Volkswagen to unveil Passat GTE plug-in hybrid – when will it make it to the U.S.?
A plug-in version of the Volkswagen Passat will debut this week at the 2014 Paris Motor Show. The Passat GTE (Grand Touring Electric) will go on sale in Europe in the second half of 2015 in both sedan and wagon forms, but it will be awhile before it hits the United States.
Slightly more powerful than the Golf GTE
The Passat GTE uses Volkswagen’s modular MQB architecture, which allows the automaker to drop in different powertrains (think conventional gasoline, diesel, plug-in hybrid, and battery electric) to a wide variety of its transverse-engine vehicles. The universal platform also saves money by communizing components across the VW Group’s high-volume lineups.
As a result, the front wheel drive powertrain of the Passat GTE is nearly identical to that of the Golf GTE. It uses a 154-hp 1.4L turbo four-cylinder engine coupled with a 113-hp disc-shaped electric motor integrated with the six-speed dual clutch transmission.
Peak system output is 215 hp and 295 lb-ft of torque, both representing slight increases from the Golf GTE’s 201 hp and 258 ft-lb. As a heavier midsize sedan (or wagon), the Passat GTE will not be quite as sprightly as the performance hatch, but will still manage the 0-60 sprint in about 8 seconds.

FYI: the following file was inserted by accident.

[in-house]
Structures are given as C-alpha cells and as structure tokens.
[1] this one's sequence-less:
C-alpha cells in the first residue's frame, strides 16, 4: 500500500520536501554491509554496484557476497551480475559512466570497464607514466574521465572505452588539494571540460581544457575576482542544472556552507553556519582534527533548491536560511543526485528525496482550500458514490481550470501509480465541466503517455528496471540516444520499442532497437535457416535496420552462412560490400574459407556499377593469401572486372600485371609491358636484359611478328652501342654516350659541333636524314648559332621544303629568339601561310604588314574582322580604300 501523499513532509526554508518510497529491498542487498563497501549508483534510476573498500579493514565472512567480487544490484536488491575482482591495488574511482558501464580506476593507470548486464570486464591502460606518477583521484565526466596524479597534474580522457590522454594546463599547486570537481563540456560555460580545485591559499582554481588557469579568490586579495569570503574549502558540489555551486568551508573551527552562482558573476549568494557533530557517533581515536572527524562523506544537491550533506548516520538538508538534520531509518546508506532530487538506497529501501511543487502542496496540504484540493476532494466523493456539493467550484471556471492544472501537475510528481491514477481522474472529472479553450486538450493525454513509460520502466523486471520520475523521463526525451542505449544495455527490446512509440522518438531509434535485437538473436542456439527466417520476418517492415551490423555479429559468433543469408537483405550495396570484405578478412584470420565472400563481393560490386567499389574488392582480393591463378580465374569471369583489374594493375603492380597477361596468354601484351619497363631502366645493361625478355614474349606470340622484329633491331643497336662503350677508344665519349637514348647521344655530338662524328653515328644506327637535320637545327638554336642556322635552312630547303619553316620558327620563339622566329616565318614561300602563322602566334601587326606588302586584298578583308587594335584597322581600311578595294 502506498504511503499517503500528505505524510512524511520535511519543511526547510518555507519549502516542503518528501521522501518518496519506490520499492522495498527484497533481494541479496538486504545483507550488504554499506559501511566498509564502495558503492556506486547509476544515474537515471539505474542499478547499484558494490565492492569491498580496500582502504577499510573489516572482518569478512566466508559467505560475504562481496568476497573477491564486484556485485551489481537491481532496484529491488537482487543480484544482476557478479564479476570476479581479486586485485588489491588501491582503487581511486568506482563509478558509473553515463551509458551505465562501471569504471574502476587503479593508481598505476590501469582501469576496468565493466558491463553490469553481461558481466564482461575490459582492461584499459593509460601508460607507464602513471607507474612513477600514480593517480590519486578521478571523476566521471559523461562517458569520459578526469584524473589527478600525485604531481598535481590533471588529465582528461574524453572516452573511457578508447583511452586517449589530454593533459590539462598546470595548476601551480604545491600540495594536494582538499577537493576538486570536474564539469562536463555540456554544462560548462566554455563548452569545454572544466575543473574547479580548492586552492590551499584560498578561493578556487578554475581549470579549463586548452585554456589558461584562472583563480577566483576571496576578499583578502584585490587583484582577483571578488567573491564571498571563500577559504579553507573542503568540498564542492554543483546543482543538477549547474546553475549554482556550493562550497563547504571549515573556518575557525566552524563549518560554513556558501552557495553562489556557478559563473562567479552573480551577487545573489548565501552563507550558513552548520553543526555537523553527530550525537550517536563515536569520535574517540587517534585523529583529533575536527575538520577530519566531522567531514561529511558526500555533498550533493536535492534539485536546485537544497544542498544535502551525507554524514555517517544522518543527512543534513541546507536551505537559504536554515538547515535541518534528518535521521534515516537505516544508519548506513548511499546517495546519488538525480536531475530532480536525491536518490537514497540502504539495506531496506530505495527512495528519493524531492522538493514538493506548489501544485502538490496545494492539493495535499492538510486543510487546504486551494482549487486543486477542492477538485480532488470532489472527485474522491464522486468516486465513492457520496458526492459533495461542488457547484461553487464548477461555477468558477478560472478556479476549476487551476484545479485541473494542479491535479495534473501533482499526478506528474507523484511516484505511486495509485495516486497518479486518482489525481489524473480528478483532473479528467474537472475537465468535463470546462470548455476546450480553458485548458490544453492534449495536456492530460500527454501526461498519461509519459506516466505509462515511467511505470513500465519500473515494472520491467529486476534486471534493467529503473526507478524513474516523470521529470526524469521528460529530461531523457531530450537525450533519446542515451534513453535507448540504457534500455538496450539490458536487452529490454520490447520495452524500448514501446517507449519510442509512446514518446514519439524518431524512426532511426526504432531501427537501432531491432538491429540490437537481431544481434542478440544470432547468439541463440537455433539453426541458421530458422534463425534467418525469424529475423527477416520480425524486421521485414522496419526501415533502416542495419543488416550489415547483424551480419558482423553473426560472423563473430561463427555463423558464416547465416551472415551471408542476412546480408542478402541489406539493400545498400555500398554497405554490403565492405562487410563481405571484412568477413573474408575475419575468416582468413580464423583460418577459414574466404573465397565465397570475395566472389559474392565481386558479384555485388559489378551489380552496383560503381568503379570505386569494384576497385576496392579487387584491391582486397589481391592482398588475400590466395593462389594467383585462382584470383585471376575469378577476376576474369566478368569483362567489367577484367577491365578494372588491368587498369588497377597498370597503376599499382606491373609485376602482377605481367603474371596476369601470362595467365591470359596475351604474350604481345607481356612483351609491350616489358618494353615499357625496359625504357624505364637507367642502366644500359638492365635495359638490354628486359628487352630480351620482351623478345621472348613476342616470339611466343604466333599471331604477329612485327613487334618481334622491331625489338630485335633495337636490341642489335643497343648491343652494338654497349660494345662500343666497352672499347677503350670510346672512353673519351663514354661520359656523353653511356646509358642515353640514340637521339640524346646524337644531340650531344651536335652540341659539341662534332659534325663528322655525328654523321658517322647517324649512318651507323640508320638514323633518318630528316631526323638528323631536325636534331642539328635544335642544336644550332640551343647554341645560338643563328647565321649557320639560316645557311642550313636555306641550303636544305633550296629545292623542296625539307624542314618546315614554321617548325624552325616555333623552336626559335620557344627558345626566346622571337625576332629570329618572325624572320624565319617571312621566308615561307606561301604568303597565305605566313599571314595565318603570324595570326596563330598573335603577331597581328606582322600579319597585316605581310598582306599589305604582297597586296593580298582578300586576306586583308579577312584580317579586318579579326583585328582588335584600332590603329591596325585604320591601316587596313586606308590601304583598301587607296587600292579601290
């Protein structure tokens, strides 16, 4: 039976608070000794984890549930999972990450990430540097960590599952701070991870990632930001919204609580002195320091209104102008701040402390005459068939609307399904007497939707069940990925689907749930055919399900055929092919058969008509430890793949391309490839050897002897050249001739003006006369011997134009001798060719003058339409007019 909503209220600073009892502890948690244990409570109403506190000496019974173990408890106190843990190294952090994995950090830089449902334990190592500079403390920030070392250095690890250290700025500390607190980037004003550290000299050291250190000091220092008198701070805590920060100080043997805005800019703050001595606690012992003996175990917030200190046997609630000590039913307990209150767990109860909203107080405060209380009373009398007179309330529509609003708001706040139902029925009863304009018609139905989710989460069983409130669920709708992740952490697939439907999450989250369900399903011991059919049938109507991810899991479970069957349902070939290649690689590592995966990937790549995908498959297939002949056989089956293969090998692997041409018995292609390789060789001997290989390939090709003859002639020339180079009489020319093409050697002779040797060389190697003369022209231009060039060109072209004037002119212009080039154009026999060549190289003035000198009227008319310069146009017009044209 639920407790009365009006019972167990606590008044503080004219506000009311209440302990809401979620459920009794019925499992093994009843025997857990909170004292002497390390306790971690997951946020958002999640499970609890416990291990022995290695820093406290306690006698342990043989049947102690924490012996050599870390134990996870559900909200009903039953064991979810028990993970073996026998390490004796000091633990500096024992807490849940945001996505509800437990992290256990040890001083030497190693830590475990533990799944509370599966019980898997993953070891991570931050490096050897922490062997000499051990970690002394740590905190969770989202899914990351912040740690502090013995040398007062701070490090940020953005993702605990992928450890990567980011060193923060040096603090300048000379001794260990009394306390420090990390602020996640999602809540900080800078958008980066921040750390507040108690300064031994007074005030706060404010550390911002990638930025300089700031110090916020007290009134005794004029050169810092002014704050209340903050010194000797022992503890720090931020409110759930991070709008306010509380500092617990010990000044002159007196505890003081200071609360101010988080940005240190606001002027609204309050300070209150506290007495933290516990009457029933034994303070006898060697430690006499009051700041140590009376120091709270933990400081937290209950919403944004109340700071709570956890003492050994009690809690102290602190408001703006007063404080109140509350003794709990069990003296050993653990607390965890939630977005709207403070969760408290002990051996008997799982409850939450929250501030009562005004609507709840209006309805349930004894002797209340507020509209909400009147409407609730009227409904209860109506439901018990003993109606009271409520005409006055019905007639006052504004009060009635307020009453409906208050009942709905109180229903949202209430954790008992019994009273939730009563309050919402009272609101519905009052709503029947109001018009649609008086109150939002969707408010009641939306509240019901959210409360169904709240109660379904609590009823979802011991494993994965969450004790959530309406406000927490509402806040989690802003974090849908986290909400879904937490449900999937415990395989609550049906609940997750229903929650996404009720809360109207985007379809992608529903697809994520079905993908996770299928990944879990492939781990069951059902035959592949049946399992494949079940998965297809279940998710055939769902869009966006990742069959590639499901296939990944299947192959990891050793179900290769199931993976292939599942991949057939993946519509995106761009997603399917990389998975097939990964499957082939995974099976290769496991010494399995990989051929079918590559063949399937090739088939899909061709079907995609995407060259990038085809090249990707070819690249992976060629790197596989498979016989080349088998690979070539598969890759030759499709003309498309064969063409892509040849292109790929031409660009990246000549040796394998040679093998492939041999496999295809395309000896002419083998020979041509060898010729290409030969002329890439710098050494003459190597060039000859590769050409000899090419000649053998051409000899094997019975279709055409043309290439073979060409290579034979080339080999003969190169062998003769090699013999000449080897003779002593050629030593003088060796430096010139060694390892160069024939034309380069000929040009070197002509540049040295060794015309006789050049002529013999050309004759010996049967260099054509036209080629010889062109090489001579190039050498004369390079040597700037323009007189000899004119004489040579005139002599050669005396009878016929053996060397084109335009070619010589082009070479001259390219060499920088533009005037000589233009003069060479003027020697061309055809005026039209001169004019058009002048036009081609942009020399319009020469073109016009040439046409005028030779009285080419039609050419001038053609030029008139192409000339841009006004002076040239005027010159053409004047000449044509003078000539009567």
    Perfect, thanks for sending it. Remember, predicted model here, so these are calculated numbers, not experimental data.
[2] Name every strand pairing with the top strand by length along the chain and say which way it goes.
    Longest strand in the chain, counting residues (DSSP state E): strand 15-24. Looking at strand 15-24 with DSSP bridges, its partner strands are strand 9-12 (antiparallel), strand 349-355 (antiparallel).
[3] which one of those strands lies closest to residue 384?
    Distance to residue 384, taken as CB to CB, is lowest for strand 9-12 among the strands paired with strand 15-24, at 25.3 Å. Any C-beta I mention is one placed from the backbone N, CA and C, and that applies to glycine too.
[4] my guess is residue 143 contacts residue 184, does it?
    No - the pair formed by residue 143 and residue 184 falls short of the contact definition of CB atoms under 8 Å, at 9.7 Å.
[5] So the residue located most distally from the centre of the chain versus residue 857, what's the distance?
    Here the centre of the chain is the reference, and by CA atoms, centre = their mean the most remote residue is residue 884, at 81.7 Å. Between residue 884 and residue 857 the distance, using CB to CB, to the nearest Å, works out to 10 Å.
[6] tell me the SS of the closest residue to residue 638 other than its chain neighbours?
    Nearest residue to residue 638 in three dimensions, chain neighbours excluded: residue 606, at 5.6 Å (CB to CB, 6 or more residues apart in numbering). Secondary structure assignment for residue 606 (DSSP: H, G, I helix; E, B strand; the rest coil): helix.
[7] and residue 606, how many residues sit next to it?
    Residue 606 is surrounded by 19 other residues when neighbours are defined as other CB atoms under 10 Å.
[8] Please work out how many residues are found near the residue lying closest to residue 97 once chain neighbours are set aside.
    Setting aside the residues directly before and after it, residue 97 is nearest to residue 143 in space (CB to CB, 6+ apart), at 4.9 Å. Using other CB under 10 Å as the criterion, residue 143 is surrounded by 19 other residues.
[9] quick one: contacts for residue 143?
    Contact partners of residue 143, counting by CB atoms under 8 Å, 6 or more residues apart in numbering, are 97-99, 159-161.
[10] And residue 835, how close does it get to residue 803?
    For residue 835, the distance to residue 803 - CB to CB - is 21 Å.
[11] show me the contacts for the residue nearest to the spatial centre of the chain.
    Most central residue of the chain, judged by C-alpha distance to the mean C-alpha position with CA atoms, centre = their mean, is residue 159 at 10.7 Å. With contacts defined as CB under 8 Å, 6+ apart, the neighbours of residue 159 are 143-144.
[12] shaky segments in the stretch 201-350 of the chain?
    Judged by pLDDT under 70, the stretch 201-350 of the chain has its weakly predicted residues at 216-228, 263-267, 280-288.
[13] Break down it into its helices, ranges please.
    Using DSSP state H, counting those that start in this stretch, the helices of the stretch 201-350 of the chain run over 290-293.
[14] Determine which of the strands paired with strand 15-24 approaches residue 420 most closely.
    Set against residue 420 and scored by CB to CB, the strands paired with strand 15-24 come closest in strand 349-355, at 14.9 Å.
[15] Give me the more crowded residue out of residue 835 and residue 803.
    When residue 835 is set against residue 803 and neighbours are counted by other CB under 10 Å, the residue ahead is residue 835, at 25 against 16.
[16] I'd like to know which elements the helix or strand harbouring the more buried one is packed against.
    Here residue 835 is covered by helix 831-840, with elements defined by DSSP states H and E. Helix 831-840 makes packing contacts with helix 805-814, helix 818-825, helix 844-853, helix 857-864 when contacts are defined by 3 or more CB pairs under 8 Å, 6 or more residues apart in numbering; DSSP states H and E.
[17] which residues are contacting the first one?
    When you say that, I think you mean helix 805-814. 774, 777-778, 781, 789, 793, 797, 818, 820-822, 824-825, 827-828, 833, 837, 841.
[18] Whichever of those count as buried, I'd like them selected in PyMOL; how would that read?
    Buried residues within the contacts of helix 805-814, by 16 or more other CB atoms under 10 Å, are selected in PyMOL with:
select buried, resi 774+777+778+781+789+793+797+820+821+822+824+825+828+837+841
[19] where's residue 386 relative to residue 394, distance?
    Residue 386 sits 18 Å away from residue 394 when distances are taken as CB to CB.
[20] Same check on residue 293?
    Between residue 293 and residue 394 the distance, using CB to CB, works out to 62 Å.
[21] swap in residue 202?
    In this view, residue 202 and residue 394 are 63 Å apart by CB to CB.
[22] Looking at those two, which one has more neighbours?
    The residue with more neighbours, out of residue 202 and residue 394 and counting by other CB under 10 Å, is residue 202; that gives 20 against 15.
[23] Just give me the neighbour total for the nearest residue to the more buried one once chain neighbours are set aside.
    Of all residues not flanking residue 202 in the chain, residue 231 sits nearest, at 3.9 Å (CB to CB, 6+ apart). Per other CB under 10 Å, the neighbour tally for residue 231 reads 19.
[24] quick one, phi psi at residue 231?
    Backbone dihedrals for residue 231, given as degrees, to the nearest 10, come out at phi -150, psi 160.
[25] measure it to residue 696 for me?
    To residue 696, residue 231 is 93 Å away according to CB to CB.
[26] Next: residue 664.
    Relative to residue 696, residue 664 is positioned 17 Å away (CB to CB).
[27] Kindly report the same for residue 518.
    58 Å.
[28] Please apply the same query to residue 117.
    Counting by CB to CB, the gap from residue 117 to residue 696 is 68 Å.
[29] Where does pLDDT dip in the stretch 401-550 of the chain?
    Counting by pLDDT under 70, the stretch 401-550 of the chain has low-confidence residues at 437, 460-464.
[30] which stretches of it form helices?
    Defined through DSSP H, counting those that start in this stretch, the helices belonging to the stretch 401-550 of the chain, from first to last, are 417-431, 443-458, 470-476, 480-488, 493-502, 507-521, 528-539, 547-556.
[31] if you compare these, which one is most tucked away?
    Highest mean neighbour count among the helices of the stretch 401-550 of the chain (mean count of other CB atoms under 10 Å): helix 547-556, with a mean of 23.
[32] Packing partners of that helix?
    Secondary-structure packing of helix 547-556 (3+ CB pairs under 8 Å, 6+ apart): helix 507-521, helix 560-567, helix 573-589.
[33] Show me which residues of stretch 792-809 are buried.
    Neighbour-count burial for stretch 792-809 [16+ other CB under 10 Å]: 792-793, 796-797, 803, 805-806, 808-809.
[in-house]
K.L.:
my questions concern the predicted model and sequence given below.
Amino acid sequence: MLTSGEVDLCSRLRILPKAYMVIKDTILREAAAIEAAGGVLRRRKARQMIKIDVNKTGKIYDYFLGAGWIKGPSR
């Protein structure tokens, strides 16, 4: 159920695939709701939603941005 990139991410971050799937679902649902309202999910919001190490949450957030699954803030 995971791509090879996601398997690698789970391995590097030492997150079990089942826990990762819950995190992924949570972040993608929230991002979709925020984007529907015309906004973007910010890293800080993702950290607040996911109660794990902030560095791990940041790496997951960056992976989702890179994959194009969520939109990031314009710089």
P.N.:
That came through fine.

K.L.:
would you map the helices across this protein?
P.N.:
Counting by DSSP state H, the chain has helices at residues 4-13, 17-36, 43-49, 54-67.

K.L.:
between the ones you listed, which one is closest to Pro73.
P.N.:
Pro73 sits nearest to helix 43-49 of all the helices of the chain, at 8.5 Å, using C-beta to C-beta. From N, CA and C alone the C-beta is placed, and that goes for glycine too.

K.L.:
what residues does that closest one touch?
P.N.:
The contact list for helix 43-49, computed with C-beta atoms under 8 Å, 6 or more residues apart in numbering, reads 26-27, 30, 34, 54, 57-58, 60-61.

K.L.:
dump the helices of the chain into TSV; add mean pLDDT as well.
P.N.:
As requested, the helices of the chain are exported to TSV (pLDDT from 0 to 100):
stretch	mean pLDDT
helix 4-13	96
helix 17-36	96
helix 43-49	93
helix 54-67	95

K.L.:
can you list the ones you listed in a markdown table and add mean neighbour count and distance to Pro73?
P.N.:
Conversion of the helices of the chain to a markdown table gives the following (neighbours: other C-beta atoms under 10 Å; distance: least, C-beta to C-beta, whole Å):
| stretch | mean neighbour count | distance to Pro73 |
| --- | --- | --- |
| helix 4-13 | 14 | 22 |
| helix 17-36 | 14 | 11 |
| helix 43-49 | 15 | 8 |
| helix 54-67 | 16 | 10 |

The 9.9-kWh battery pack will allow an all-electric range of 31 miles on the European NEDC cycle, or what would likely be somewhere near 20 miles using EPA ratings. Top speed in electric mode will be limited to a respectable 81 miles per hour.
Why America should get the Passat GTE, and when to expect it
Of course, like the Golf GTE before it, Volkswagen has not confirmed any U.S. version of the Passat plug-in sedan or wagon.
If the Passat plug-in was to arrive in the United States tomorrow, it would find little competition. The Ford Fusion Energi is the only widely available plug-in hybrid based on a popular midsize sedan, and it has sold 8,683 units through the first 8 months of 2014.
Sales of the Fusion Energi have grown rapidly, and a competitor from Volkswagen with more trunk space (and a competitive starting price) would likely find success as Americans grow accustomed to the idea of plug-in vehicles, especially those that provide electric driving for daily commutes and a gasoline engine for weekends and long trips. (For what it’s worth, we’d take the wagon).
Unfortunately, the U.S. spec Passat is slated to receive a mid-cycle upgrade for the 2016 model year but will not get its MQB redesign until late in the decade – most likely as a 2018 or 2019 model year. Though unconfirmed by Volkswagen, the switch to VW’s modular platform will then allow a plug-in variant to be introduced on U.S. shores, so count on waiting until at least 2017 or 2018.
For now, we will have to be content with the Audi A3 e-tron Sportback, which shares the Golf GTE powertrain, arriving next year as a 2016 model.